A bankruptcy court rejected an effort by Apple to renew patent litigation against troubled Kodak. Judge Allan L. Gropper of the U.S. Bankruptcy Court in Manhattan issued a ruling on a motion from Apple to remove an automatic stay on its patent litigation that denied Apple’s request and kept the matter in his court.
The case involves a patent issued to Kodak in the 1990s covering the way a digital camera displays a preview of an image on an LCD display. Kodak was granted a patent for the invention, but Apple has sued the company claiming it misappropriated Apple technology from a joint project the two companies had worked on together.
Kodak has rejected those claims as “baseless,” as noted by The Wall Street Journal, and the two firms were duking it out in court when Kodak declared bankruptcy. As is standard with Chapter 11 bankruptcy proceedings, Kodak was automatically granted a variety of “automatic stays” protecting the firm from litigation while it works out its reorganization.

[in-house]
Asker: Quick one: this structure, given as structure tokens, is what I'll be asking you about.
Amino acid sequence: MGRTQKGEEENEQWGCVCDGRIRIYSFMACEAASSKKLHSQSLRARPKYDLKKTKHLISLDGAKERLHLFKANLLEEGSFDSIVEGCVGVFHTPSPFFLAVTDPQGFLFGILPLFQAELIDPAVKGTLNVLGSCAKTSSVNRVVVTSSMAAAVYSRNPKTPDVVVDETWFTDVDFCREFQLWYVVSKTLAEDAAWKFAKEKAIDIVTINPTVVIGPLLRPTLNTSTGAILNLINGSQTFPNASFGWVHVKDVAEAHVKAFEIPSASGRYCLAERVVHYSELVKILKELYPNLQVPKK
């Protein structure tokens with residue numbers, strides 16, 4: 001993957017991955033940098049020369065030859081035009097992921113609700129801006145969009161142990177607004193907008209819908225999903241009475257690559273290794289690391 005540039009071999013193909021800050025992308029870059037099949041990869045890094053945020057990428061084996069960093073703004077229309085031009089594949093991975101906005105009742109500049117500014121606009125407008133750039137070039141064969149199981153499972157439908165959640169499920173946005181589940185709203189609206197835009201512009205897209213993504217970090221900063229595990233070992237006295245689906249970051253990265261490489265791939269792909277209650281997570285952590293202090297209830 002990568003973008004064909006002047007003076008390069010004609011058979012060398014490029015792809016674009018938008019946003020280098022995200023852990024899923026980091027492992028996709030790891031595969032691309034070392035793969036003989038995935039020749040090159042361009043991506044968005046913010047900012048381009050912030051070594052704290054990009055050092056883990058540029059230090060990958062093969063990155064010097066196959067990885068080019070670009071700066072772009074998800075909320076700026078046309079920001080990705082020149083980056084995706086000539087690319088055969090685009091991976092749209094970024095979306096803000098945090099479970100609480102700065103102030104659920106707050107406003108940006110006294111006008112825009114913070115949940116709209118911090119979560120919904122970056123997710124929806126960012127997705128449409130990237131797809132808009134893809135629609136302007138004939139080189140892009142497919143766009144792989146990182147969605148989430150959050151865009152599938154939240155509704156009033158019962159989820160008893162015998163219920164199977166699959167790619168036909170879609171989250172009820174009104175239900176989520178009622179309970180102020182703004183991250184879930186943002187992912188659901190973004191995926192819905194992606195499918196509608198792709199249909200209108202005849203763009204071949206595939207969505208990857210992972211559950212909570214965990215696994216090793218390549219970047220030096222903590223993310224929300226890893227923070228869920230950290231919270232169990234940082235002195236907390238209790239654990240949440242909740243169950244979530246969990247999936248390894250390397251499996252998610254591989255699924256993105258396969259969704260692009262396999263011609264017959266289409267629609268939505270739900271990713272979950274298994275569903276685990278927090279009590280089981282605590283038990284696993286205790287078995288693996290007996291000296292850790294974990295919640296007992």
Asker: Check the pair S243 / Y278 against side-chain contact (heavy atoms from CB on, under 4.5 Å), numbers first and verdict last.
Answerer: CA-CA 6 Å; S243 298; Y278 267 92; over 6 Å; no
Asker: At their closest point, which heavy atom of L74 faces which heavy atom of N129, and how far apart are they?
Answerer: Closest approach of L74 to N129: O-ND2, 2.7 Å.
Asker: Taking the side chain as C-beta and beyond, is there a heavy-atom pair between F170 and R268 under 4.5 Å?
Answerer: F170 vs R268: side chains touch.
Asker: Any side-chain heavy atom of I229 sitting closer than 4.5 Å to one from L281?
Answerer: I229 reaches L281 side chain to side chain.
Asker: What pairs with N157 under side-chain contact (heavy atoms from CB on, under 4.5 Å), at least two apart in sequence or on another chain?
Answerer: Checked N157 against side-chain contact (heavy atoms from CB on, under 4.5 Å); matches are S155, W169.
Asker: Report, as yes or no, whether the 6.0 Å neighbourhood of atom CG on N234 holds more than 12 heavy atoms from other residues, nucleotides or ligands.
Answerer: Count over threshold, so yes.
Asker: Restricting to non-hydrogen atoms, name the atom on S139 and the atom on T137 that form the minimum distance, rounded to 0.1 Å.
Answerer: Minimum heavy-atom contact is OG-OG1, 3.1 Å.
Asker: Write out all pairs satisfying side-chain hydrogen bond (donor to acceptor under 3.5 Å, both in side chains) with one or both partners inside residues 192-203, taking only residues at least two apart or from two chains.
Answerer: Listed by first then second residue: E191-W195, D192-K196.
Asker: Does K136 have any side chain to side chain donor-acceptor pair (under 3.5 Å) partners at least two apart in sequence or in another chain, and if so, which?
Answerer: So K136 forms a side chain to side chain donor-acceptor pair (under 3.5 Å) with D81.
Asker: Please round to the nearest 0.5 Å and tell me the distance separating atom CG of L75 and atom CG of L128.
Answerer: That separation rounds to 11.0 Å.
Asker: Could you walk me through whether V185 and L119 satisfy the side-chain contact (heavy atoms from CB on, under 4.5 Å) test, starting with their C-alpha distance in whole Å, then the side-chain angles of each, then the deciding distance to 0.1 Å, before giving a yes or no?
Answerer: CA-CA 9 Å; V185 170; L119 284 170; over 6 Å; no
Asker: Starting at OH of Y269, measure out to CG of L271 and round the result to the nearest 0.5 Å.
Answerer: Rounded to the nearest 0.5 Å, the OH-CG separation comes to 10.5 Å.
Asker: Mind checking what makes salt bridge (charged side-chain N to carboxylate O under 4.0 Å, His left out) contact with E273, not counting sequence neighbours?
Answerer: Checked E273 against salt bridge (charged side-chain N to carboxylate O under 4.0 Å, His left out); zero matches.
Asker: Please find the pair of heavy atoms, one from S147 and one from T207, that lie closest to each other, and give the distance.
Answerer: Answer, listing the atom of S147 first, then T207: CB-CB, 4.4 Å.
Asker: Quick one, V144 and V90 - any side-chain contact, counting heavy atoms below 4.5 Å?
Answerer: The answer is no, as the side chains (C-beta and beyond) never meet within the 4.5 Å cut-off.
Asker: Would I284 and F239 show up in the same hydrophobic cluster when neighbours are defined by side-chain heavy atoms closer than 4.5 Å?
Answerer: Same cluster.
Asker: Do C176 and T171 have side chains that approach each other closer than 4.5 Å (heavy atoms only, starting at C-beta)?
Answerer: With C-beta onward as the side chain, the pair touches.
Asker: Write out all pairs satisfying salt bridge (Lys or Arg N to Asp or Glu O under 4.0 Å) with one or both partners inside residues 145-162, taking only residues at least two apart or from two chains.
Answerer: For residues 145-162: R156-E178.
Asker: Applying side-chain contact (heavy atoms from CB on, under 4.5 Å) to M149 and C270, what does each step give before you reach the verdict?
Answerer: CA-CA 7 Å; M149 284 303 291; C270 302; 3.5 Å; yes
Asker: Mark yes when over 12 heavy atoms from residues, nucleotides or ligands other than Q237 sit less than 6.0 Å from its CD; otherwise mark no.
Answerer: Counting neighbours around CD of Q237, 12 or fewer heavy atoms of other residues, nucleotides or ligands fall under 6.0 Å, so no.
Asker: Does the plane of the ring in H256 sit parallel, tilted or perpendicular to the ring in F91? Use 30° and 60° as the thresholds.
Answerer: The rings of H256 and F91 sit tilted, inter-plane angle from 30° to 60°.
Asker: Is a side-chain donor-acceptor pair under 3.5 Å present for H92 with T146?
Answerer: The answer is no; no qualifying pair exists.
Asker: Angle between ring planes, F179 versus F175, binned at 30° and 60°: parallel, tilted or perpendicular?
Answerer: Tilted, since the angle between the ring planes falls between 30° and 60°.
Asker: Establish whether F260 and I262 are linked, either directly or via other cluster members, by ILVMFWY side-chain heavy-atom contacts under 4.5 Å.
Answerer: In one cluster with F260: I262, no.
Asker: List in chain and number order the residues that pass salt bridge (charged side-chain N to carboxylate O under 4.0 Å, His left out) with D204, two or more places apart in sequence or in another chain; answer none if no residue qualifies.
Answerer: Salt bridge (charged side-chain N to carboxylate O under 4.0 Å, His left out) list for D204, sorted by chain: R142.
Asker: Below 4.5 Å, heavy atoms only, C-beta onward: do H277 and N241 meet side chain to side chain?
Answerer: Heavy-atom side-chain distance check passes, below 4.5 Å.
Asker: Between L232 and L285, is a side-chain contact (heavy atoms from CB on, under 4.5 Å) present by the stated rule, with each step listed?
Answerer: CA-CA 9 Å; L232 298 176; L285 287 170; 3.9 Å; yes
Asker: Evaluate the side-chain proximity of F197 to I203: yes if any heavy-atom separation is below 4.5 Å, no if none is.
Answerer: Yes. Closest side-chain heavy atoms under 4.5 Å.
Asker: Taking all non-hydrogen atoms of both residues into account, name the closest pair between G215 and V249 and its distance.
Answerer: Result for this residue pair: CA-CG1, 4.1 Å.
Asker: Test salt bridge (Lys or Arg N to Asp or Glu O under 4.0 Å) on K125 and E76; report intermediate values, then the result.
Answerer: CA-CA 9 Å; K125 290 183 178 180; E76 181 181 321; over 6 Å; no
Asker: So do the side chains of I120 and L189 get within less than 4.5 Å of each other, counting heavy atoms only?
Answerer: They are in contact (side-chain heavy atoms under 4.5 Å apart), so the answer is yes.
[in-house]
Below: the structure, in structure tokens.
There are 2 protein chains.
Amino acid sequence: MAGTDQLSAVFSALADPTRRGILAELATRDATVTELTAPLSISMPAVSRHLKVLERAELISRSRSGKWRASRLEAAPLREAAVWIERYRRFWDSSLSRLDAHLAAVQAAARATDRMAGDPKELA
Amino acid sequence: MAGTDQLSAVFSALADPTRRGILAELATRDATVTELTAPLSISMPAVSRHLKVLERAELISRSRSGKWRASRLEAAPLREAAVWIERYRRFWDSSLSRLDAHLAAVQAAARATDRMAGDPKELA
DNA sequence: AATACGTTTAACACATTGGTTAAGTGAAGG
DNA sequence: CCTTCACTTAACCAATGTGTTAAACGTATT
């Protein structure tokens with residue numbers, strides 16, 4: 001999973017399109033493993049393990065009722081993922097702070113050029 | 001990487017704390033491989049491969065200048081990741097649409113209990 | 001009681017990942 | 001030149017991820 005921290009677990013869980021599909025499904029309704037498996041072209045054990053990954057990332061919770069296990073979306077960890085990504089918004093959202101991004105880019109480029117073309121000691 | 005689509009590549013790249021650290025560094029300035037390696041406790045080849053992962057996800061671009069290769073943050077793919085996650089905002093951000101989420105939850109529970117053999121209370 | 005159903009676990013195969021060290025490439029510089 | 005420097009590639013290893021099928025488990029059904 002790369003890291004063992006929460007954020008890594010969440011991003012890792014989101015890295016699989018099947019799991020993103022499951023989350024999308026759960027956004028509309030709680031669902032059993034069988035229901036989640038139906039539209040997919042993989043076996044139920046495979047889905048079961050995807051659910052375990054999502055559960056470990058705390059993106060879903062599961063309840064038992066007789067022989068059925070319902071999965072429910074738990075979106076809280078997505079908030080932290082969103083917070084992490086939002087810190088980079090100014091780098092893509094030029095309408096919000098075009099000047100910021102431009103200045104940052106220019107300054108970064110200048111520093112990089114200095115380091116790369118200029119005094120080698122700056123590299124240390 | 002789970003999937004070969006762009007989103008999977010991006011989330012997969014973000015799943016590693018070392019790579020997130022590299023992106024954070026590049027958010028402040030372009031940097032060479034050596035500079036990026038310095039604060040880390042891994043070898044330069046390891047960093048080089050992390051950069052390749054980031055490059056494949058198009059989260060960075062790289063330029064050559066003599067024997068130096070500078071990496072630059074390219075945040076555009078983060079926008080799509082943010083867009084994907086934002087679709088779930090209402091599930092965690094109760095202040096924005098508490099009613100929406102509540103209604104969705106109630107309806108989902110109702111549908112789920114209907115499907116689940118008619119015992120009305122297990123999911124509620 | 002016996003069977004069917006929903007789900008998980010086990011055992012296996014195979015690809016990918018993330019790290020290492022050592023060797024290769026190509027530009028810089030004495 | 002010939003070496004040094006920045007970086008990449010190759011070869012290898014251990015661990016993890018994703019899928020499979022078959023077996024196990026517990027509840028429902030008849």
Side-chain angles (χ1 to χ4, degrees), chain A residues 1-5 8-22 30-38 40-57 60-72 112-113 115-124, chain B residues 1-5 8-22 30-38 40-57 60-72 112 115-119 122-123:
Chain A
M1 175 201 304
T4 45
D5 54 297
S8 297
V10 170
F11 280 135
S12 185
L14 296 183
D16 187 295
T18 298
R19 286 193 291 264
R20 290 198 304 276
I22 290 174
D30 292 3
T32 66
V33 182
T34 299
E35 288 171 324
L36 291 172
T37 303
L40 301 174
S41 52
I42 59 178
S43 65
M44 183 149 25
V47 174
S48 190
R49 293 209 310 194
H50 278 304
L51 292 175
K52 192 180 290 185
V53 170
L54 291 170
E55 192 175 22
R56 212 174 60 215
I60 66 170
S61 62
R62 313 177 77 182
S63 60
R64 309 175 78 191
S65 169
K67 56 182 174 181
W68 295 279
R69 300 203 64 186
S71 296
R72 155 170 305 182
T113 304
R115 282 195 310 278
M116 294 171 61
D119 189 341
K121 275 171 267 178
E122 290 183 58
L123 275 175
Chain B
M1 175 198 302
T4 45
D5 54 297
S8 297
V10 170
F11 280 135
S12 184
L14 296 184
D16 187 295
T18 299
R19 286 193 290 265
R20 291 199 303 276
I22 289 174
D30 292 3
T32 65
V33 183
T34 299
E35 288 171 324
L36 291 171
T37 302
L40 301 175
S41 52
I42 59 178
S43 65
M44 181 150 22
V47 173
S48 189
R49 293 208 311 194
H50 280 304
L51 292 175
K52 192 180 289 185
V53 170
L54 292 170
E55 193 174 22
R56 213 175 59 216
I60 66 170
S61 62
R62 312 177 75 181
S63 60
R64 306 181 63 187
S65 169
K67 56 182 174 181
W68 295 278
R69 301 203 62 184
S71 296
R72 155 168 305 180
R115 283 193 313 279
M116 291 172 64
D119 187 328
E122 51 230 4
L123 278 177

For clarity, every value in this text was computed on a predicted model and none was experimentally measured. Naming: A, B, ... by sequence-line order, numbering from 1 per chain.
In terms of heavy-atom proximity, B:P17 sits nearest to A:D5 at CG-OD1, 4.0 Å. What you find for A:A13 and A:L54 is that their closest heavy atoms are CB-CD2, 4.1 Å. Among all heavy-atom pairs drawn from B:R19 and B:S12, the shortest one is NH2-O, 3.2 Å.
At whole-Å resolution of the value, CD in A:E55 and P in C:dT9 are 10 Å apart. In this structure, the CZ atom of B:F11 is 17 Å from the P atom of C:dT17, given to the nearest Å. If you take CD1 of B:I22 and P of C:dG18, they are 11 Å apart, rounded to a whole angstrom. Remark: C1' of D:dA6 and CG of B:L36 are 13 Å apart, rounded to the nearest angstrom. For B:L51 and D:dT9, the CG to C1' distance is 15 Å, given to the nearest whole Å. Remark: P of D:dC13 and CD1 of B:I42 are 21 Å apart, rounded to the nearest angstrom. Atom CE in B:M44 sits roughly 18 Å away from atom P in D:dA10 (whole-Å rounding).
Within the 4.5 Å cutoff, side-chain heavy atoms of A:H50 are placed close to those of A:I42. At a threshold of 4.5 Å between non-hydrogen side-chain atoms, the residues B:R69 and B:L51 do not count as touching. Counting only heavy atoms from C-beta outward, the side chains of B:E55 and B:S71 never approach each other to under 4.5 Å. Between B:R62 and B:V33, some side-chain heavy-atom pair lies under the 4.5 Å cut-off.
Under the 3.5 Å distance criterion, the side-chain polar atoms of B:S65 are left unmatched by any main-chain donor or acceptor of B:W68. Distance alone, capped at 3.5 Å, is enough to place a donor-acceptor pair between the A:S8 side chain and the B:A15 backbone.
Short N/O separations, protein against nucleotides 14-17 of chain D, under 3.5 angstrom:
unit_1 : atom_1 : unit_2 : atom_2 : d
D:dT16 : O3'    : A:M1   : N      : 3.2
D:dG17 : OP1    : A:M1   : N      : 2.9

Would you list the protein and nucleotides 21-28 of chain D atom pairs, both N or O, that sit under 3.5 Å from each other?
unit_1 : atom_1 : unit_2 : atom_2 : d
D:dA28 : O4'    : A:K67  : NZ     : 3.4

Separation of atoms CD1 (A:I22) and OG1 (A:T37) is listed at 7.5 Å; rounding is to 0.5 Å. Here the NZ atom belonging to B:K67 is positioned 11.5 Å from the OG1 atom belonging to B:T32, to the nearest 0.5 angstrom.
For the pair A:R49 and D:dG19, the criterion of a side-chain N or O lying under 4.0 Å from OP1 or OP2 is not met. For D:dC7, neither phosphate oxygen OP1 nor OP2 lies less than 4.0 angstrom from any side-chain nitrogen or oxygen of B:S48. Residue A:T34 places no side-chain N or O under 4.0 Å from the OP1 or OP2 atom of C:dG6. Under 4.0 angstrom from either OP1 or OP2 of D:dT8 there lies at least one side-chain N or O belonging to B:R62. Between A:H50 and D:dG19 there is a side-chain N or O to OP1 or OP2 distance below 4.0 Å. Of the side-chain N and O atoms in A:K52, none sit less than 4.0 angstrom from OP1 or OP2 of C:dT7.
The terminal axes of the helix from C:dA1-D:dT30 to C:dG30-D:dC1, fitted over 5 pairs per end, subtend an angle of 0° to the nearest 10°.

Apple had filed a motion asking the bankruptcy court to lift that stay and allow the company to proceed with its patent litigation in federal court. The issue at the center of that motion is that the disputed patent is part of a large portfolio that must be auctioned off by Kodak as part of agreement to secure a loan. Once Kodak declared bankruptcy, that agreement was triggered. Apple doesn’t want the patent to change hands while it is litigating ownership.
“The first 45 days are difficult in any bankruptcy case; the debtor has dozens of balls in the air, dozens of matters to take care of,” Judge Gropper said to Apple’s attorney during Thursday’s argument. “What’s the need for immediate relief?”
The ruling means that the fate of the disputed patent will remain in the bankruptcy court, at least for the time being.